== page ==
President Trump Signs Nuclear Energy Innovation & Modernization Act

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President Trump has signed S. 512, the Nuclear Energy Innovation and Modernization Act (NEIMA), into law. The senators cosponsoring the bipartisan nuclear legislation include: Senators John Barrasso (R-WY), chairman of the Senate Committee on Environment and Public Works (EPW) and committee ranking member Tom Carper (D-DE), along with Shelley Moore Capito (R-WV), Sheldon Whitehouse (D-RI), Jim Inhofe (R-OK), Mike Crapo (R-ID), Deb Fischer (R-NE), and Joe Manchin (D-WV).

This law will:

  • make sure the United States remains a leader of nuclear energy innovation

  • create jobs

  • reduce carbon emissions in a meaningful way

  • bring greater transparency and accountability to the Nuclear Regulatory Commission’s spending

  • establish a licensing process for advanced nuclear reactors and other new technologies

  • create a new licensing framework for advanced reactors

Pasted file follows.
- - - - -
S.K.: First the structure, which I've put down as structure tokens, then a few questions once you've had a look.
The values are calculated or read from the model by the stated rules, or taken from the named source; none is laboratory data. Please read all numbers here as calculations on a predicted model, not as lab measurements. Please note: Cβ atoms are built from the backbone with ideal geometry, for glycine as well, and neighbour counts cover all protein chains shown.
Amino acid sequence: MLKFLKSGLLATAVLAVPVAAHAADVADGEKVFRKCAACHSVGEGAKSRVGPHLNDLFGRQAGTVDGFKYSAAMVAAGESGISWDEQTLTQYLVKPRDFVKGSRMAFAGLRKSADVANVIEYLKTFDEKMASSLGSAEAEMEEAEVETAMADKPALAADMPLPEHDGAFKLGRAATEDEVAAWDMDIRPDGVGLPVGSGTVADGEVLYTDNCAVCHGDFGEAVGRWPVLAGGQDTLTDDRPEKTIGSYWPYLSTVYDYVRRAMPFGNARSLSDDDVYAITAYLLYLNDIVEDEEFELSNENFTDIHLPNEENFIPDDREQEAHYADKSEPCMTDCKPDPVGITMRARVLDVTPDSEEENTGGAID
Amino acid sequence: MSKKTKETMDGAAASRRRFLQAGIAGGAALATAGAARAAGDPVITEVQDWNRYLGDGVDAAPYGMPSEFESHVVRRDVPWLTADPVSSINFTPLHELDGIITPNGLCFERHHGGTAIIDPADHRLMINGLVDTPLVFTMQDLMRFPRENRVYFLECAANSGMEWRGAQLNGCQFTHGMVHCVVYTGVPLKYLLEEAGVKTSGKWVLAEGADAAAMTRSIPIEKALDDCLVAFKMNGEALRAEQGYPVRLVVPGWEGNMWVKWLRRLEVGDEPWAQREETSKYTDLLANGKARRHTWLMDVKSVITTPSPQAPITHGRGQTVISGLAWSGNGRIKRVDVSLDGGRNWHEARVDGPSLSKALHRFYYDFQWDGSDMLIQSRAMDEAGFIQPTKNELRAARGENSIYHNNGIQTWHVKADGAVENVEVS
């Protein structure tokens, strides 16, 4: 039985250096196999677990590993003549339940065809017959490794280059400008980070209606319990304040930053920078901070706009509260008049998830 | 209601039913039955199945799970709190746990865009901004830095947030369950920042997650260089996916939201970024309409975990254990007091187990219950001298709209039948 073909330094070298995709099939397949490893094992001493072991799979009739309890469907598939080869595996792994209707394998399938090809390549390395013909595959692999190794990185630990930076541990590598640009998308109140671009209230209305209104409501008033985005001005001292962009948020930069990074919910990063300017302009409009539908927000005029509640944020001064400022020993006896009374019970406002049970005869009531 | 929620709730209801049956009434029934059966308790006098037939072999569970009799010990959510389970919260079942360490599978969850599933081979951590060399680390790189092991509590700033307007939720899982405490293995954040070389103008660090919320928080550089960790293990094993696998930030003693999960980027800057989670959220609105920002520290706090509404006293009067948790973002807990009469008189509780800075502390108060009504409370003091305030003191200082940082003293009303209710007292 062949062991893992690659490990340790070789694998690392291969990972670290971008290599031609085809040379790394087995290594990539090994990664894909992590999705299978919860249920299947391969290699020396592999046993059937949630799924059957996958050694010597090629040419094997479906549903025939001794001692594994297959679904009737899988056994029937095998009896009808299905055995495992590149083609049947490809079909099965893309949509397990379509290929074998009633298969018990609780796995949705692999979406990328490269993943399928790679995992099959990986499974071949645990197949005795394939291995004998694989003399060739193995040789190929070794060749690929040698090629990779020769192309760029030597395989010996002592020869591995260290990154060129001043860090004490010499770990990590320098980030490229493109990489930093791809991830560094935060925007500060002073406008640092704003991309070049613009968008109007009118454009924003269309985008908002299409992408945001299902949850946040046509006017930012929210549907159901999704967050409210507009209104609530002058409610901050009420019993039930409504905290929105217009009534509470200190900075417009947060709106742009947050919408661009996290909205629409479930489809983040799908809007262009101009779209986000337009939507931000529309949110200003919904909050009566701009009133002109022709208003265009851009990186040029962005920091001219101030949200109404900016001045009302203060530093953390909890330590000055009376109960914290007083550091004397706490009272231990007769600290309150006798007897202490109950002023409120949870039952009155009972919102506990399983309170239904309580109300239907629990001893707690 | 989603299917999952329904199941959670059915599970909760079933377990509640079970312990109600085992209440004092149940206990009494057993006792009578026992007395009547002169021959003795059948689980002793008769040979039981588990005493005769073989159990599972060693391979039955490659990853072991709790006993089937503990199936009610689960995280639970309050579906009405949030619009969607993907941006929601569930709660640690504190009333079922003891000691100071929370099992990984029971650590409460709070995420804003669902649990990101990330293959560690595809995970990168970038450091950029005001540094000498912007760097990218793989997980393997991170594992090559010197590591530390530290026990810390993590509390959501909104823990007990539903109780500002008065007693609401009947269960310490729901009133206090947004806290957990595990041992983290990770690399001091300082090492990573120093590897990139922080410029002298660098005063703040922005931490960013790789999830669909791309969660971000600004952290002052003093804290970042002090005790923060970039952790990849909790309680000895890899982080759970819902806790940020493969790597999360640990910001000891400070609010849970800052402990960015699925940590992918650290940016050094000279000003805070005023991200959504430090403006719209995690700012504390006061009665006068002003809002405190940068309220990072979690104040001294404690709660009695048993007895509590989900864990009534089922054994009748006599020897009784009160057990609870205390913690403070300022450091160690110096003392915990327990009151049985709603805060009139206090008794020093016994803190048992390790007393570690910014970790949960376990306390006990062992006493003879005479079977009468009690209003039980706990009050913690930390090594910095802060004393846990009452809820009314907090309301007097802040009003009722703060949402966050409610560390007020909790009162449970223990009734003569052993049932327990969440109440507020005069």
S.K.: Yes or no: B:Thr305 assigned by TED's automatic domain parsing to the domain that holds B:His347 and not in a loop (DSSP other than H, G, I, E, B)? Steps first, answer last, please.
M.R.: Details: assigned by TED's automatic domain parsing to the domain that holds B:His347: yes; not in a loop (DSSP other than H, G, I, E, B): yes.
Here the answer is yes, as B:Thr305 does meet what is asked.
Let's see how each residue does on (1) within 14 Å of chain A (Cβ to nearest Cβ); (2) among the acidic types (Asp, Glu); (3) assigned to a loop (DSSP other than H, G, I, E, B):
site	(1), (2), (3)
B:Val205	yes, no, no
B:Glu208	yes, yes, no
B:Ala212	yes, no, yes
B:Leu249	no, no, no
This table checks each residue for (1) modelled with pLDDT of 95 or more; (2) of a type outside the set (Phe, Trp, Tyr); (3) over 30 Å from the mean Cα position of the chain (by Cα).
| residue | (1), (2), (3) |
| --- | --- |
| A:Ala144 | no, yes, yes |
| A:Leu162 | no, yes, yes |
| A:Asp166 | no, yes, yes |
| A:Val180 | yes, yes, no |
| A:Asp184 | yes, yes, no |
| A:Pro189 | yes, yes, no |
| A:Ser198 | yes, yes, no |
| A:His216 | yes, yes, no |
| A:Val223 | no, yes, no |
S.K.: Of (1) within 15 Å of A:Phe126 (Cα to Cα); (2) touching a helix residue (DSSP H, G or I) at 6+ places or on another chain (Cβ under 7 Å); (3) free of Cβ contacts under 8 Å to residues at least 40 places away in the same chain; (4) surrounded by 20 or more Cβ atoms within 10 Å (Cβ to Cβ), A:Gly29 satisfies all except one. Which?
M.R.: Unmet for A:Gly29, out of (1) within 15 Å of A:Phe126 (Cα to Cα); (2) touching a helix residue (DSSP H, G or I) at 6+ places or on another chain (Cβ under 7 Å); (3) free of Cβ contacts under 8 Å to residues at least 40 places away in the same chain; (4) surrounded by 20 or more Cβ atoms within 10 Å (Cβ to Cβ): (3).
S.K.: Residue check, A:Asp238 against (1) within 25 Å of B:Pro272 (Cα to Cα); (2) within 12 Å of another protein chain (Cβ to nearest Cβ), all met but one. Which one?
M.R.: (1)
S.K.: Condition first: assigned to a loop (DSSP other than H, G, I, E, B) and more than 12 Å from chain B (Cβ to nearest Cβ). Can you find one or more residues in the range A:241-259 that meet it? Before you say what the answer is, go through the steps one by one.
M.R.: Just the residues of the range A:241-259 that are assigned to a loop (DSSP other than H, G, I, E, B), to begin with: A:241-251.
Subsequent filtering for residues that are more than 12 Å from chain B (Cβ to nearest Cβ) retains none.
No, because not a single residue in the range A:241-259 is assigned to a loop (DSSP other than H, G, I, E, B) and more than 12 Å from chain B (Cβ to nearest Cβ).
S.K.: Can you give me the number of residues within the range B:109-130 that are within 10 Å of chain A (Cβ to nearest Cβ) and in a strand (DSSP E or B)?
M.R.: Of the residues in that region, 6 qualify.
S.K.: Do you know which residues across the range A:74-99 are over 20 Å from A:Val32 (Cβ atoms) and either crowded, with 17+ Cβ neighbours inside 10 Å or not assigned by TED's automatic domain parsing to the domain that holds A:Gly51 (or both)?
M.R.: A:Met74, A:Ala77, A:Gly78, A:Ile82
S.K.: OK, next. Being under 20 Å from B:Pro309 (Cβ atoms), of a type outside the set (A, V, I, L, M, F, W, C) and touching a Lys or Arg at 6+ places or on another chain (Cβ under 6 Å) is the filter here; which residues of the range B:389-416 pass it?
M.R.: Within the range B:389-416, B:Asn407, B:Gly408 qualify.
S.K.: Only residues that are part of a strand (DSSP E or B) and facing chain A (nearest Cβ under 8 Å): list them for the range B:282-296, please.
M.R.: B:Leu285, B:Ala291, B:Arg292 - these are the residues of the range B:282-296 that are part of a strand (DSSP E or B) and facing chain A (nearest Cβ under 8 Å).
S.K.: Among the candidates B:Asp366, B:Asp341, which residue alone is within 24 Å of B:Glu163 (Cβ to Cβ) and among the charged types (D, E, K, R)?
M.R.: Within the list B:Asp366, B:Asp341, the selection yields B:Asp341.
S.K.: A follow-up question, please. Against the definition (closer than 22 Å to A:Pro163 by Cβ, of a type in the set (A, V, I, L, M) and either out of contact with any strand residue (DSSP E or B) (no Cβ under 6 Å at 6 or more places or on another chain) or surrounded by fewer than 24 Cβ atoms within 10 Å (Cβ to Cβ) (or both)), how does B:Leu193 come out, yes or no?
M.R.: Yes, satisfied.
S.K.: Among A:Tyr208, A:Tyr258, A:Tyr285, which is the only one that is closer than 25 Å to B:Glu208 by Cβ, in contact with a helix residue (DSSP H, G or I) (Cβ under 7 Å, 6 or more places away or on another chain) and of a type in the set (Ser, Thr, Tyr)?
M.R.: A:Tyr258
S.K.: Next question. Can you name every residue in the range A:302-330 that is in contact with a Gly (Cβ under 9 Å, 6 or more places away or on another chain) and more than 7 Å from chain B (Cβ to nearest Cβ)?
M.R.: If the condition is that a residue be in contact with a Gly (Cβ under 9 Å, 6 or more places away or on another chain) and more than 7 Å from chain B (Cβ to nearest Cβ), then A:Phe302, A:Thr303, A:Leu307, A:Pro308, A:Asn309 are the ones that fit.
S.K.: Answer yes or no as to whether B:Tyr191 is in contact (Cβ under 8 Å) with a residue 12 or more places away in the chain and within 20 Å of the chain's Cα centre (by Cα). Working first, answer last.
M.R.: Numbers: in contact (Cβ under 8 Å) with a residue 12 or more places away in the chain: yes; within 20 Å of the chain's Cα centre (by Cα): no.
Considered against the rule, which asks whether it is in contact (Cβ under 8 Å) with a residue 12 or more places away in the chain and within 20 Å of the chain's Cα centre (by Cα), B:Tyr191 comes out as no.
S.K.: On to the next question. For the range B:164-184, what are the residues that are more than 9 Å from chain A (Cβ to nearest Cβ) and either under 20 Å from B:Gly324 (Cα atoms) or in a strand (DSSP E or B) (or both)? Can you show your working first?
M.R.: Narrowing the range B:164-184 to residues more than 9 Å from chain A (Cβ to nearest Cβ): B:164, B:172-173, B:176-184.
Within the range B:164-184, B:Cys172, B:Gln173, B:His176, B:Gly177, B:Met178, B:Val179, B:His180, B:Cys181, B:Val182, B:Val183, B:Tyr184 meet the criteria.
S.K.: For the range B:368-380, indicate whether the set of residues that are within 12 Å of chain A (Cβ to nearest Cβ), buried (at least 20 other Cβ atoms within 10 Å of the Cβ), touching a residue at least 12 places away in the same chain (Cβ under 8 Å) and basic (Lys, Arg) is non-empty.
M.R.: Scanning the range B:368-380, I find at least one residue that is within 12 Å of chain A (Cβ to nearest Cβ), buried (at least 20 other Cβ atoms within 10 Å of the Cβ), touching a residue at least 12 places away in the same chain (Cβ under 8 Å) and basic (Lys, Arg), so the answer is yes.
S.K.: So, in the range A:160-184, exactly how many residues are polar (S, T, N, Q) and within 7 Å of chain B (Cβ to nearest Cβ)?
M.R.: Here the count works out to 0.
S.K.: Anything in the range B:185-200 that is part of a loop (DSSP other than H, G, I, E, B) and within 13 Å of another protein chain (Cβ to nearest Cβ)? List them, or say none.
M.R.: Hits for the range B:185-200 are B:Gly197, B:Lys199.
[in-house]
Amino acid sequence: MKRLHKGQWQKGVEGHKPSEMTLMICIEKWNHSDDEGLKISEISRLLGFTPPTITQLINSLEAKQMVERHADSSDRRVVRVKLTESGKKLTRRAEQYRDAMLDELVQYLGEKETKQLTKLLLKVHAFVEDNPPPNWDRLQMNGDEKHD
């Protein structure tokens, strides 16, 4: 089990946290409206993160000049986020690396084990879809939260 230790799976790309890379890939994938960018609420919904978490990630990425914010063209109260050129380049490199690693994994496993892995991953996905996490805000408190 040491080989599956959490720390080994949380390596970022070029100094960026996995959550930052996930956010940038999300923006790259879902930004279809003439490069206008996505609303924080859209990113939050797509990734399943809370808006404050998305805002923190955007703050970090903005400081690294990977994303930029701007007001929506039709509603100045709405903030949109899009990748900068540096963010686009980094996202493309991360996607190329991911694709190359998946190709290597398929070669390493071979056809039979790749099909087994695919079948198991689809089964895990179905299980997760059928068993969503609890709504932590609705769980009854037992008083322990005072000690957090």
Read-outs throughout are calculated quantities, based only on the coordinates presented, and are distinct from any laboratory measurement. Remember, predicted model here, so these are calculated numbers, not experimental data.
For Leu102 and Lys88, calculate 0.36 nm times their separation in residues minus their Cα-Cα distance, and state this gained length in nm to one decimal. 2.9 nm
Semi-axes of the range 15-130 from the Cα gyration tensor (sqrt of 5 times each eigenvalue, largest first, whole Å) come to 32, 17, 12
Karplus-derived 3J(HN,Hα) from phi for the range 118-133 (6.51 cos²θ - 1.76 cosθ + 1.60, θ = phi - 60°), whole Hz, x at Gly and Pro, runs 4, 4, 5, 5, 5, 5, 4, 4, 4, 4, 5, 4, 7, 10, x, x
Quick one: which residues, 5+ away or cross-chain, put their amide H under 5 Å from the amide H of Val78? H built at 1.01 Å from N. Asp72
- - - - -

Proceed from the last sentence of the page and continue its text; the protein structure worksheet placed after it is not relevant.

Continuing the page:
• adjust the fee structure as it applies to both traditional nuclear power plants and innovative reactors

  • ensure that the NRC will operate efficiently

  • provide the public greater clarity into the process by which the Nuclear Regulatory Commission (NRC) develops its budget and recovers its costs through fees

  • require the NRC to establish performance metrics and milestones for licensing and other regulatory actions.

  • equire the commission to develop a regulatory framework for America’s innovators, who seek to deploy advanced nuclear technologies.

  • direct the NRC to establish a pilot project to provide uranium producers predictable fees for routine licensing matters.

NEIMA was also cosponsored by Cory Booker (D-NJ), Bob Casey (D-PA), Tammy Duckworth (D-IL), Jeff Flake (R-AZ), Mike Rounds (R-SD), Chris Coons (D-DE), John Cornyn (R-TX), Orrin Hatch (R-UT), Gary Peters (D-MI), John Kennedy (R-LA), and James Risch (R-ID).

On March 22, 2017, the EPW committee passed NEIMA. On December 20, 2018, the Senate passed the bill by voice vote. On December 21, 2018, the House of Representatives passed the bill by a vote of 361-10. (Senate Environment and Public Works Committee)